Clicking with the Music

16-year-old already has made a career of dancing – and now she’s creating her own moves

From Champaign News-Gazette
By Jodi Heckel

Becky Ramos dances across the studio floor in a series of jumps, her ruffled red skirt floating out around her, a smile on her face, her arms gracefully extended.

The music changes and she moves across the floor in a series of pirouettes, then ends with several jumps.

The only evidence of the hard work beneath the graceful exterior is the thump-thump of her toe shoes on the wood floor and her heavy breathing with she finishes.

“This variation is exhausting,” said her teacher, Luciana Rezende, after asking Becky if she needed a breather and some water. “Thank goodness she likes jumps.”

Becky, 16, has been dancing since she was 3, when her mother enrolled her in a half-hour park district dance class for children.

“Now we’re up to how many hours a week?” asked Becky’s mom, Phyllis Ramos.

“Too many,” Becky replied, before estimating she spends 16 to 18 hours a week in dance classes at the Christine Rich Studio in Savoy. She also teaches five classes herself.

She studies ballet and jazz, although she sometimes does some hip-hop or modern dance classes.

During the school year, Becky takes classes from 4 to 9 every weeknight. She also takes a class on Saturdays.

“She’s a very hard worker,” Rezende said. “She’s very young, but she works like a professional.”

“She knows how to fight for steps,” she said. “If she realizes her approach to a particular pirouette or step isn’t working, she doesn’t try it 50 times hoping. Instead she thinks, ‘This is going to work right now,’ and the next time she gets it.”

“She always surprises me with what she can handle. She will do much more than I expect.”

All the practice means a lot of late nights doing homework, though, says her mom. Becky is nervous about how she’ll handle her dancing and the tougher classes she’ll be taking during her junior year this fall at Centennial High School.

She did gymnastics as well when she was younger but gave it up about six years ago. She didn’t have the time for it, with all the dancing, and it was physically harder because of the falls.

And Becky wanted to keep dancing with her partner, 16-year-old Andrew Cribbett. The two have been dancing together since Becky was 6 ¼.

“They started so young, they just know each other,” Phyllis Ramos said. “They know each other’s rhythm and how they move.”

“I trust him a lot,” Becky said. “And there are not many other guys.”

As much as she enjoys dancing with Andrew, she prefers to dance solo.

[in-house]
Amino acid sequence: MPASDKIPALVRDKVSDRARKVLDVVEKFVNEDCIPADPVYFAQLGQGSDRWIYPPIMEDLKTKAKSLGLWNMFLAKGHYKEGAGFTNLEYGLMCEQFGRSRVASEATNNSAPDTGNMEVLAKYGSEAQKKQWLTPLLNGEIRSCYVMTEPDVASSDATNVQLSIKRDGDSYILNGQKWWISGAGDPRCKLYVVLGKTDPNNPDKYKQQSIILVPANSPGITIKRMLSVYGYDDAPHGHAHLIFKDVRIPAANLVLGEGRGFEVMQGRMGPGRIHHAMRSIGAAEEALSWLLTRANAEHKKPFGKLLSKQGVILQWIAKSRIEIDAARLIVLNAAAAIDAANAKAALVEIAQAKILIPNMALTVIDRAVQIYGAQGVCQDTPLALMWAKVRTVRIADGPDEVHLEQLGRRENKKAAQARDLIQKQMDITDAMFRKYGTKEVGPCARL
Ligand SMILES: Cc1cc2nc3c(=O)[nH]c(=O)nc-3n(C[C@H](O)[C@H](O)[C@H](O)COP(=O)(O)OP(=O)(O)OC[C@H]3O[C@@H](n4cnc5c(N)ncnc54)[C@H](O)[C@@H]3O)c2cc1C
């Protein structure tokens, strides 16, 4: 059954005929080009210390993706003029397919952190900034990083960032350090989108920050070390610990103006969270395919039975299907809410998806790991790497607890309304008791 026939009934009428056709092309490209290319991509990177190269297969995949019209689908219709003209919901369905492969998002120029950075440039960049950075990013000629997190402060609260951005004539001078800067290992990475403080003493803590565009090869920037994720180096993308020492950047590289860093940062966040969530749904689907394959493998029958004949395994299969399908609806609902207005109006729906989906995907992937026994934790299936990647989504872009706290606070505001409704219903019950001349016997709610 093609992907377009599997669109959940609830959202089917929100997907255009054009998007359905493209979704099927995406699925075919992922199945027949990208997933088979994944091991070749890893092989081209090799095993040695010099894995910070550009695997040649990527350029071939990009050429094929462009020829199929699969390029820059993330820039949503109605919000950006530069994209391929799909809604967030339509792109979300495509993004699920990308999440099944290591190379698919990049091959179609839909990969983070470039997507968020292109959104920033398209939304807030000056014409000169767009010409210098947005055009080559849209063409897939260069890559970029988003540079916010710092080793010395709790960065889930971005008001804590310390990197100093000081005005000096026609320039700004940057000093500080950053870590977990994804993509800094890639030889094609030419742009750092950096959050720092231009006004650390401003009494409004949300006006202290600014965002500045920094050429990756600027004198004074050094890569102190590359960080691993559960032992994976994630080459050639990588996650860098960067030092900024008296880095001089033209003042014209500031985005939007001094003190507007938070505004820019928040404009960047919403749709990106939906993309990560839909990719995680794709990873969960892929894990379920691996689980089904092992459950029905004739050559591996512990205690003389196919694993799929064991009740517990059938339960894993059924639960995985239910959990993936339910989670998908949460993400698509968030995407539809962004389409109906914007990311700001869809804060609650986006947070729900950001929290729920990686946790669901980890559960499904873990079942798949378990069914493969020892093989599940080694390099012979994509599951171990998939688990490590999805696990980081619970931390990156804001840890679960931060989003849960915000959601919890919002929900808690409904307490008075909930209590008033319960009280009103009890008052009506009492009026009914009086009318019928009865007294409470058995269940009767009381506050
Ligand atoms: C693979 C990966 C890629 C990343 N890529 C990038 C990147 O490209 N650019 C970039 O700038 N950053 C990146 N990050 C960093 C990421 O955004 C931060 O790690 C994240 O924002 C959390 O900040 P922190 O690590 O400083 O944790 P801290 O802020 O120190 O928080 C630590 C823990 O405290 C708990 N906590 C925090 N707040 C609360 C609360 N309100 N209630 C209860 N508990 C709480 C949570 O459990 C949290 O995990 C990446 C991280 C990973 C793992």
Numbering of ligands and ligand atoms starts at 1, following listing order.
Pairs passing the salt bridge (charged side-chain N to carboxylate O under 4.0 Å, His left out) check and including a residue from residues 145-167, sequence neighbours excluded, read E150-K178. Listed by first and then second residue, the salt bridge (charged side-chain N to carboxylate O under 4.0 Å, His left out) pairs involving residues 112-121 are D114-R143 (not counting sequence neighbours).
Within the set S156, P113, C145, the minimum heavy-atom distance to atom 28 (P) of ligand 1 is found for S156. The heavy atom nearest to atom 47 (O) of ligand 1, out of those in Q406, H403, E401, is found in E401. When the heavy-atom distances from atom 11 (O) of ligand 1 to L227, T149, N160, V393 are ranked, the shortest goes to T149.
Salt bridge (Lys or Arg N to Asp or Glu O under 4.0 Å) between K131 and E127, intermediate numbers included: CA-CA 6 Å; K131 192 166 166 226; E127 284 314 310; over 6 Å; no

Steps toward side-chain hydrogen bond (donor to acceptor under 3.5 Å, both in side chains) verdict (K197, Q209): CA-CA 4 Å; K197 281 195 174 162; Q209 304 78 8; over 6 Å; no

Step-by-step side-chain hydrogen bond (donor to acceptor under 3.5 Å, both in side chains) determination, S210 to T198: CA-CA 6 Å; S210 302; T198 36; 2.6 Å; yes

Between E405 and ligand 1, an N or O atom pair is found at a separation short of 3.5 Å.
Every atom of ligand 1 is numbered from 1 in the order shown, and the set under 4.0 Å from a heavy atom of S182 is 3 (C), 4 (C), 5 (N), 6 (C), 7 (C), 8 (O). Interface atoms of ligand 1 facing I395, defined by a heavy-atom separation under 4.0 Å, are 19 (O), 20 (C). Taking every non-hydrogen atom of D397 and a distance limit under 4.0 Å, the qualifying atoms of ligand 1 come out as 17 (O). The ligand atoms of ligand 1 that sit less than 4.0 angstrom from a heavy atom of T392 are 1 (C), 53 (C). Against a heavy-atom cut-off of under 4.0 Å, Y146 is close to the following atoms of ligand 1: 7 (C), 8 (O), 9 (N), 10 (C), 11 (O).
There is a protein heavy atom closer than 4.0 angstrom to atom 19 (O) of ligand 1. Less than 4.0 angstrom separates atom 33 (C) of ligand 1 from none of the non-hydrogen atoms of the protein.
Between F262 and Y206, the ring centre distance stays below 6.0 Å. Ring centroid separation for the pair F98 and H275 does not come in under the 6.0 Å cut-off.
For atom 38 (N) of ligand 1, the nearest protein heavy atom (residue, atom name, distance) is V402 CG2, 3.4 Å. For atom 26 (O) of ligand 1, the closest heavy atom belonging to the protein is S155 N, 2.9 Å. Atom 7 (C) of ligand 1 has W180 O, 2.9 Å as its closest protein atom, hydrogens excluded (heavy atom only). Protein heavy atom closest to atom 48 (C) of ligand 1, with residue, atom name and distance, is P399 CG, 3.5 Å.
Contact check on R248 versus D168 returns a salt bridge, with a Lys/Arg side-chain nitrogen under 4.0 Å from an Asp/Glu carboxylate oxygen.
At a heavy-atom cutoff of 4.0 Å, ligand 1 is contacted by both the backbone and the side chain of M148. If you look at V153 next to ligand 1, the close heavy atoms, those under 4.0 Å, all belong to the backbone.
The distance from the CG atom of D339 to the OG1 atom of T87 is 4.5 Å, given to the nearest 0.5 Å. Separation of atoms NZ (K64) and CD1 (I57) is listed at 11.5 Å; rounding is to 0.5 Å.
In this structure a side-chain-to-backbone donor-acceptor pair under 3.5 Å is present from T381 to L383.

“When you’re with a partner, you have to make sure you are with the music and you have to be together,” she said. “With a solo, if you get off, you can recover and catch up and (the audience) can’t tell.”

Not that it happens often. One of her strengths, Rezende said, is her musicality.

“She never gets lost in the music,” Rezende said. “She knows exactly when to make a fraction-of-a-second stop, to wait for the right time to move ahead.”

Her other strengths are her jumps and turns. “She’s a natural jumper who can leap high,” Rezende said. She chose two ballet variations for Becky that emphasize jumps and turns for upcoming ballet competitions. The music has a fast, upbeat tempo. That’s more her style than slow movements.

“It makes you feel you have more energy to keep going,” Becky said.

She’ll perform at the Youth American Grand Prix competition in February. Phyllis Ramos describes it as the Olympics of ballet competitions. Dancers from all over the world come to New York City for the finals. Becky will dance in a regional competition in Chicago in February to try to qualify for the finals. She’s made it twice before, in 2005 with a jazz duet with Andrew, and in 2006 with solos in ballet and jazz.

While placing well in the competition is a worthy goal, the real prize is to be offered a scholarship from a ballet company for a summer intensive program. Last year, Becky auditioned for summer programs and was accepted by the San Francisco Ballet and the Alvin Ailey American Dance Theater schools. She didn’t go – her parents thought she was too young, and she had attended the auditions for experience only.

She had hoped to get into the San Francisco program this summer, but she couldn’t audition because she had ankle surgery during the winter.

Last fall, in an acrobatics dance, she landed a back handspring and felt her ankle pop.

She kept dancing, thinking it was a sprain. It hurt pretty badly, but she kept icing it and taking ibuprofen. When it didn’t get better, she had it checked out and found out she had torn a ligament. She had surgery to repair it last December and was in a cast for awhile, then a boot.

She had physical therapy and was back to her usual dance class schedule by April. Now she’s looking toward the Grand Prix competition, and she hopes to be in San Francisco next summer.

Dance has given her many opportunities, including travel and the opportunity to work with world-class dancers and choreographers, including Ben Vereen and Mark Morris.

She’s started doing her own choreography, for jazz routines.

“You have to click with the music. The music kind of takes me and tells me what to do when I’m dancing,” Becky said. “If you choreographed it, you can kind of change it up. When (someone else has) choreographed it, it has to be exactly what they want.”

Phyllis Ramos is involved in Becky’s dancing as well – she has been making costumes for the last few years.

“You get to be creative and get swallowed up in netting and all that stuff,” she said.

She danced when she was young, but not as seriously as Becky has.

“She makes it look easy. She makes it look so natural,” Phyllis Ramos said. “I think she’s beautiful when she’s up there.”

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